Microsoft Edge caught importing data from other browsers without permission

Microsoft Edge on laptop and smartphone

Microsoft may be eager for everyone to switch to the new Chromium-based version of Edge, but there are a few issues that may put people off. There have been reports that the update that adds the browser to Windows 10 is causing computers to slow down, but there are also more worrying privacy-related reports.

Eagle-eyed folk installing the browser have noticed that Edge is grabbing data such as bookmarks from other installed browsers before permission has been granted to import such data.

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Now there is certainly nothing unusual in a web browser offering to import bookmarks, password cookies and other data from other web browsers you may have installed -- the aim is, after all, to make the transition from one browser to another as painless as possible. But what people certainly expect is to be able to confirm that they would like this to happen.

During the installation of Microsoft Edge, it is true that there is a screen asking you to confirm whether or not data should be imported from the likes of Chrome and Firefox. But on Reddit, users have noticed that Edge starts to collect this data before they have granted permission for it to happen.

One user reports:

I just installed Edge today for testing, and I noticed my bookmarks from Firefox appear in the background/browser BEHIND the import acceptance dialog. The bookmarks disappeared after I said I didn't want it to import anything. Obviously it still went looking before asking!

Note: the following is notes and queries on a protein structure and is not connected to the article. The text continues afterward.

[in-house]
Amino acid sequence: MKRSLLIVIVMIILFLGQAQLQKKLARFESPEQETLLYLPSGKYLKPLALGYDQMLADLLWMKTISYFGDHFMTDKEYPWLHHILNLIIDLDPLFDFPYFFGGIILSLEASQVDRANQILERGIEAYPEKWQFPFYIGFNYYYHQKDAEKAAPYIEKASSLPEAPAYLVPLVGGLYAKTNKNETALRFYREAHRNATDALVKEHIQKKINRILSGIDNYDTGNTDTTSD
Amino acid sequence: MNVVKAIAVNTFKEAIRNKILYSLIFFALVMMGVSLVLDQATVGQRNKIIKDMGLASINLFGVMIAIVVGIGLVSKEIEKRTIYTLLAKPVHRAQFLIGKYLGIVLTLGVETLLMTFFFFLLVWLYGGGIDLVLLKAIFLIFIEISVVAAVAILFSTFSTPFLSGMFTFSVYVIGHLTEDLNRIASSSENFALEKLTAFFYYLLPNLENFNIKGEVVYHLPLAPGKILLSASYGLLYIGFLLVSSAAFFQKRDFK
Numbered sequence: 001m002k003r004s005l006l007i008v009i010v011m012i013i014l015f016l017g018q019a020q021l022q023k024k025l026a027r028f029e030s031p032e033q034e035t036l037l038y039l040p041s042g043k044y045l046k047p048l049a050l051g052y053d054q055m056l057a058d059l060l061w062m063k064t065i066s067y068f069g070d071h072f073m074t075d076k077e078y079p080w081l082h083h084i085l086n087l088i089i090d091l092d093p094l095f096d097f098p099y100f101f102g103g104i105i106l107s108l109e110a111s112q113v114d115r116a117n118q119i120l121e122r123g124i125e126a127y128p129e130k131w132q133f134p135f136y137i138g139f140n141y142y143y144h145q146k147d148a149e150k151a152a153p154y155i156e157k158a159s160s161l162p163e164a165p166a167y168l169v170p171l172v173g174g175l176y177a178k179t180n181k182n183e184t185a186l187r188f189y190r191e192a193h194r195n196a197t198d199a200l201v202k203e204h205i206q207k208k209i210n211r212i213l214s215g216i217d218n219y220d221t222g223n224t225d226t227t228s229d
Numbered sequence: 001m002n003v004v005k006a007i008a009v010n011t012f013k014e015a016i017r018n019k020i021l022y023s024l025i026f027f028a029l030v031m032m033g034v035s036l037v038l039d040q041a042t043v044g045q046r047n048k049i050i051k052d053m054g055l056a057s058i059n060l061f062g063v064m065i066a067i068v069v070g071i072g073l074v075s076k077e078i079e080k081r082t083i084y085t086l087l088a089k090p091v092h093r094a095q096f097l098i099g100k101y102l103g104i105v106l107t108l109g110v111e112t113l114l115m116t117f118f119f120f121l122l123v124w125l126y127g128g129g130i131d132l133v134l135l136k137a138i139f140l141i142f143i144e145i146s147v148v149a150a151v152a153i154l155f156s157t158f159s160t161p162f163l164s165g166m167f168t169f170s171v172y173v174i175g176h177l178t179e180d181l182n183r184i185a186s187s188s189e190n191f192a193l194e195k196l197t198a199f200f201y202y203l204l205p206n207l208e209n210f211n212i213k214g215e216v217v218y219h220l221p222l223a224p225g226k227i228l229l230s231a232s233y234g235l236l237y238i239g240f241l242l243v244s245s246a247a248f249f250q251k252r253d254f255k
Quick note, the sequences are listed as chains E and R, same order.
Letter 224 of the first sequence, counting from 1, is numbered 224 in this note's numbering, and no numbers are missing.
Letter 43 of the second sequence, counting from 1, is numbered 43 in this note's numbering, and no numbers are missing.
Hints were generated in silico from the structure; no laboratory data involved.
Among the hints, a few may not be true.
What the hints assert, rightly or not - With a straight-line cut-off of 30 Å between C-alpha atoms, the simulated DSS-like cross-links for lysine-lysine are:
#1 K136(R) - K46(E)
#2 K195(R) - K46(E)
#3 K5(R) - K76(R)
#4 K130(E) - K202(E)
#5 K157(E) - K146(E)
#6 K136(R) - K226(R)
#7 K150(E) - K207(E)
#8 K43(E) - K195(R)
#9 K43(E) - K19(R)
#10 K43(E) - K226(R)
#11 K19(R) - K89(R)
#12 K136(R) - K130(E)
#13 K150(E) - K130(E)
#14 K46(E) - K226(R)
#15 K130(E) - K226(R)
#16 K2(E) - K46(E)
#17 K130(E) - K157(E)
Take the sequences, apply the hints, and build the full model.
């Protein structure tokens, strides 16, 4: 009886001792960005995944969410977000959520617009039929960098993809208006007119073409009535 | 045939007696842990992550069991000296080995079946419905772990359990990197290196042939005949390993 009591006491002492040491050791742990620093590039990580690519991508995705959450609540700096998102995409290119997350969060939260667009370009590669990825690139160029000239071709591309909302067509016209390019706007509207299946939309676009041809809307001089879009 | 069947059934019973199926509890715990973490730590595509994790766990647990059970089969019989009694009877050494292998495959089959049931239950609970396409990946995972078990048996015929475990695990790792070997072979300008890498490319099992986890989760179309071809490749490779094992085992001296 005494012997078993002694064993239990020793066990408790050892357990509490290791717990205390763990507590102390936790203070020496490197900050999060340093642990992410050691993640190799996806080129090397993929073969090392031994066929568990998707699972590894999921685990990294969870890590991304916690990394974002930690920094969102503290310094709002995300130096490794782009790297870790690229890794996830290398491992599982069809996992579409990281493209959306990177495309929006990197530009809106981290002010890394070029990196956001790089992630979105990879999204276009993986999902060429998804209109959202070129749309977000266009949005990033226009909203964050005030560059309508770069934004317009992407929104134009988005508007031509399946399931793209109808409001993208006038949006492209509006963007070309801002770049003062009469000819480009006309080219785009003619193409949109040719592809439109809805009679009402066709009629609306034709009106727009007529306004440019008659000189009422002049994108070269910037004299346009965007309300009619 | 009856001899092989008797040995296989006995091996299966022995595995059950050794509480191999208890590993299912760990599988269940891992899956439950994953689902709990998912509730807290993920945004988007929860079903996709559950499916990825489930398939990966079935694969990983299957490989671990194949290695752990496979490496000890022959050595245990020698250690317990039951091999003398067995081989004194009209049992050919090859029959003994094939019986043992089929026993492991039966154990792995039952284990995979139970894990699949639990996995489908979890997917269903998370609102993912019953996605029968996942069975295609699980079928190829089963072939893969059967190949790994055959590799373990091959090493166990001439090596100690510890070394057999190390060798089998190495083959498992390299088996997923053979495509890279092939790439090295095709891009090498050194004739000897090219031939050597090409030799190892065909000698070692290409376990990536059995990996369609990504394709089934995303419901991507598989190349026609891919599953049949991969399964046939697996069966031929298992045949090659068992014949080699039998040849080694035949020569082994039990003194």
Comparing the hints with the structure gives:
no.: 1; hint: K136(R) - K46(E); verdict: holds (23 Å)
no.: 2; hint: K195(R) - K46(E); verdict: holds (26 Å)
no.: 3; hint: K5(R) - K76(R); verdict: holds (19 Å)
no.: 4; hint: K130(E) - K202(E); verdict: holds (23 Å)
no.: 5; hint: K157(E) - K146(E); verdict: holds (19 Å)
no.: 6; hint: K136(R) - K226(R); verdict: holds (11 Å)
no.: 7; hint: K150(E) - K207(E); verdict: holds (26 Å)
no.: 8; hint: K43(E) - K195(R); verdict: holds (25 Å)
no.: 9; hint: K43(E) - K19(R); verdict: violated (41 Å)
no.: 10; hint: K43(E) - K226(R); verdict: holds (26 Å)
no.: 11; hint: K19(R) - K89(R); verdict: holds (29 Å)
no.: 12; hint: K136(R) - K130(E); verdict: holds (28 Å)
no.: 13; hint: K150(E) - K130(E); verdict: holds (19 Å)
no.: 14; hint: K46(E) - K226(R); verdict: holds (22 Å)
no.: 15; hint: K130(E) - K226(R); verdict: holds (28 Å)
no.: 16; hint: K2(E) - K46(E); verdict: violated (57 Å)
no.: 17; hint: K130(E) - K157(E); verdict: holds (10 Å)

Another Redditor reported the same, saying:

I did not authorize Edge to copy my firefox / chrome data at any point. I've jumped through a lot of hoops in the attempt attempt to maintain some level of privacy with this OS. Finally, it just takes my data without giving me the choice to opt out.

So, what does Microsoft have to say about this. In a statement given to Windows Central, the company said:

During the first run experience, the customer is presented the opportunity to keep or discard the imported data. This data is discarded if they choose not to proceed with the import. If a customer terminates the new Microsoft Edge browser prematurely during the first run experience (e.g. using Task Manager), residual data may not be fully deleted. We recommend customers not shut down the setup process prematurely to ensure an expected result.

Given the ever-increasing importance people now place on privacy, for Microsoft to be accessing (potentially very revealing) browser data without explicit permission does little to inspire confidence.

Image credit: DANIEL CONSTANTE / Shutterstock

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